kenleek
Posted: Wednesday, April 17, 2019 7:58 PM
Joined: 11/6/2017
Posts: 2


I'm reading how long this stuff goes on and I'm now more stressed and depressed than I thought I could get. My goodness, how can you handle it?! Nine years!!! You have every right and pretty much all rights for the end of time to feel the way you do. Ugh!
There's absolutely no way that I will be able to keep my mom in the place she is for nine years. Pretty much, in five years, all the money will be gone. I'll still contribute but I'm disabled as it is. I guess all I can think to do at that point is sell my house and try to get another few years paid for. Of course, that leaves me homeless but whatever. This really isn't going to end well for anyone.
Debmchat
Posted: Wednesday, April 17, 2019 8:15 PM
Joined: 4/6/2019
Posts: 16


Kenleek

Maybe she would qualify for some type of assistance. I think medicaid may be available when her money runs out. There should be an office near you that you can call.

selkirk60
Posted: Wednesday, April 17, 2019 11:39 PM
Joined: 1/11/2018
Posts: 76


Oh yes, it makes perfect sense.  How long?  Too long.

My mom is 98 yo and in end stages.  She lived a good life.  I want this to be over....for both of us.  She is no longer the person she was, that I knew and loved dearly.  She is the person she feared becoming.  She cannot return a hug or smile at my embrace anymore.  She cannot communicate in any way we can understand.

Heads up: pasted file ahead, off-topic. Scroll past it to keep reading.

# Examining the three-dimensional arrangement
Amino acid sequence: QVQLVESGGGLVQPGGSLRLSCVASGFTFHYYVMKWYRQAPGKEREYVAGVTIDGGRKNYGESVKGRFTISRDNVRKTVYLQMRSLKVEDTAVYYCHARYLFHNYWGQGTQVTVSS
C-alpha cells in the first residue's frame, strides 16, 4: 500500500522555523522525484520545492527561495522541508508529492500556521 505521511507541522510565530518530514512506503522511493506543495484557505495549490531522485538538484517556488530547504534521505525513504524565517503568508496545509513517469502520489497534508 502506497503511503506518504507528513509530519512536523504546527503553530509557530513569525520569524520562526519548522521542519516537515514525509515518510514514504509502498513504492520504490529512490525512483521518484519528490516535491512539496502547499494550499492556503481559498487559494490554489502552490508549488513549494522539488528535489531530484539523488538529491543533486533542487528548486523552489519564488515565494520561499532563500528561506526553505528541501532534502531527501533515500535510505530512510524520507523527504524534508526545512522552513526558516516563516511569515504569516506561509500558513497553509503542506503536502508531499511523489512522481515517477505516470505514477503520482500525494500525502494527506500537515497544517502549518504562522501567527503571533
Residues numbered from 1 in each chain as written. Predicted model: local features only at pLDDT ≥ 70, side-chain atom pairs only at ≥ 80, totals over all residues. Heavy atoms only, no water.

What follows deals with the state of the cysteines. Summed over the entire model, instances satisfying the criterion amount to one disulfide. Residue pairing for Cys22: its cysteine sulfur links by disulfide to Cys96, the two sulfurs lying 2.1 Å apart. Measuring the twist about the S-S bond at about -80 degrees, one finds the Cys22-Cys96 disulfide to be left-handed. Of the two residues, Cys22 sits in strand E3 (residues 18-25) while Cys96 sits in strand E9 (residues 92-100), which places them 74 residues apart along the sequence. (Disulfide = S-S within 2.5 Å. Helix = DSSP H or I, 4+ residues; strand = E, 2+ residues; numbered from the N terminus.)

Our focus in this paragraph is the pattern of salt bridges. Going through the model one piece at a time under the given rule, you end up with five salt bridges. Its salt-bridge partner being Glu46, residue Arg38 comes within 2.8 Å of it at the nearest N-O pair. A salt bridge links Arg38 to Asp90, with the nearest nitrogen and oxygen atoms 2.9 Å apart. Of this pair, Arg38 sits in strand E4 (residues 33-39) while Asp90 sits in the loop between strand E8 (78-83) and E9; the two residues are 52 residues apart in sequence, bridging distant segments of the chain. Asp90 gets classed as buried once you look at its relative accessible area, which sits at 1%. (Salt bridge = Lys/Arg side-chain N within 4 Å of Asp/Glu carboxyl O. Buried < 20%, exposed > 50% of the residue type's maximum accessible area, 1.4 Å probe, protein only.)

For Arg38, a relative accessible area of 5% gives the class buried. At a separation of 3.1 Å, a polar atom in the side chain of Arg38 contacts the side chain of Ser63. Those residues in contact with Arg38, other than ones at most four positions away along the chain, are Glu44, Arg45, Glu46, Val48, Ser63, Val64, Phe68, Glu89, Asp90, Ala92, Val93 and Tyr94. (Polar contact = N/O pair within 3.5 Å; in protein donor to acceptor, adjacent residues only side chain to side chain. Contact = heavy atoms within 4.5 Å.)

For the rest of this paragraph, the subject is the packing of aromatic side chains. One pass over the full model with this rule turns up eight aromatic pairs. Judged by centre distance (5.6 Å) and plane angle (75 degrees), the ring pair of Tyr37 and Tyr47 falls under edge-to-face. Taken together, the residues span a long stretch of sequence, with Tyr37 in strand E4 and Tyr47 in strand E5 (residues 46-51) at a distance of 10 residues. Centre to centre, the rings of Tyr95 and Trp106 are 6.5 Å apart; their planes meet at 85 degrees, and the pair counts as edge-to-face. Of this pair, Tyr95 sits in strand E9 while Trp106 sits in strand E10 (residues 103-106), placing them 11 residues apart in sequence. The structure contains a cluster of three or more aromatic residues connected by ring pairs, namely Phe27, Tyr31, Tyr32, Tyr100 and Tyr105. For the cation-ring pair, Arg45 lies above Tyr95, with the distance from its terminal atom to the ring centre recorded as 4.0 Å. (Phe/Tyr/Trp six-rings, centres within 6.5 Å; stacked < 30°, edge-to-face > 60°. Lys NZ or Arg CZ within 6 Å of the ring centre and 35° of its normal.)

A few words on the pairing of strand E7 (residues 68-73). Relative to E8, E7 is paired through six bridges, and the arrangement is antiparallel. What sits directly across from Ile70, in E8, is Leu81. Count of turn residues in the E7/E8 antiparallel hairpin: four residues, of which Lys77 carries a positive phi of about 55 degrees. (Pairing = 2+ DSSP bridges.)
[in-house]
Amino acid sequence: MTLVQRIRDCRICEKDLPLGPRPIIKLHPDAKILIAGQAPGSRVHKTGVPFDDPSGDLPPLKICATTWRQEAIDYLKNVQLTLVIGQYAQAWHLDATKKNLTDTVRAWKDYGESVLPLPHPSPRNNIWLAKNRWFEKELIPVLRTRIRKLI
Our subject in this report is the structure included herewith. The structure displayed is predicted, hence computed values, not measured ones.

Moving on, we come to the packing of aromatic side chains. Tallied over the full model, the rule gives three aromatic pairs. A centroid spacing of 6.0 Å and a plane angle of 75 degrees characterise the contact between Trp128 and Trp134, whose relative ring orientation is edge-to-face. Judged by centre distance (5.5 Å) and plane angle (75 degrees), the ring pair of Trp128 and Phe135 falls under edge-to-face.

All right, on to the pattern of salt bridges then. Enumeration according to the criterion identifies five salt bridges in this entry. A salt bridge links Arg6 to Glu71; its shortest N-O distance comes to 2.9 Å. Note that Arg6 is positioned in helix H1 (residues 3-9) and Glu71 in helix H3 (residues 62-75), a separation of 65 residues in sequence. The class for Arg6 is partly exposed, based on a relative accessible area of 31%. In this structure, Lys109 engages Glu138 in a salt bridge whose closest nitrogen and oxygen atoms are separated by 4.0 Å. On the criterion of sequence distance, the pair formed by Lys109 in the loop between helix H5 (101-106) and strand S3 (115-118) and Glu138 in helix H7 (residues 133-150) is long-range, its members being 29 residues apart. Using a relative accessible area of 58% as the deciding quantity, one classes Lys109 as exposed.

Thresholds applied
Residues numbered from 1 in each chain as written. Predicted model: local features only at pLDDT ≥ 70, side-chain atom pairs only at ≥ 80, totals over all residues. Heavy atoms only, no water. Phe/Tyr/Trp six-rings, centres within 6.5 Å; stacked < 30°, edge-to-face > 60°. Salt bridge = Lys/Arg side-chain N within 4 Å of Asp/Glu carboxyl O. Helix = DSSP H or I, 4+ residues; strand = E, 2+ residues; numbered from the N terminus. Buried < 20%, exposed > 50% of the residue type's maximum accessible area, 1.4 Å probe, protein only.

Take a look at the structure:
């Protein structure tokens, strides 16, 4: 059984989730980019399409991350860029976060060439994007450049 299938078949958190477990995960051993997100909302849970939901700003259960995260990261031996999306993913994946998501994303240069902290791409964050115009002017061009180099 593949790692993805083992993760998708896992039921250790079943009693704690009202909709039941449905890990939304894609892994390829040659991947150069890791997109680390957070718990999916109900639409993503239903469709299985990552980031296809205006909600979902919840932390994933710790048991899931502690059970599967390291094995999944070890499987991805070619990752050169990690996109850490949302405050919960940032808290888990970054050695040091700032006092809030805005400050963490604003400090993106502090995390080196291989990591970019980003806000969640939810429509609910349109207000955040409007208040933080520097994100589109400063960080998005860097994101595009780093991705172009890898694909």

Who knows how aware she is of her own condition.  My siblings and I will be sad when she is gone, and yet relieved.  Seeing her this way is sad beyond belief and is slowly draining us all physically and emotionally - and we aren't even direct caregivers, she is in a good memory care.  Moving forward in your own life is hard to do, when you are always on edge waiting for that next phone call. 


Suziesb
Posted: Thursday, April 18, 2019 12:11 AM
Joined: 5/22/2018
Posts: 112


 I just want to add that at night when I'm so, so tired after a day at work, and then taking over from the caretaker....I find myslef wishing I had nobody but me to be responsible for again and a good night's sleep. I miss being able to take a vacation and getting up on Saturday and going to do all of the things I used to.

Yes, someday I'll be able to again. But when? Years? When my health is gone too?

I think of these things at night when I'm exhausted. I don't regret being her caregiver, I really don't. I just have these thoughts and then I feel so selfish.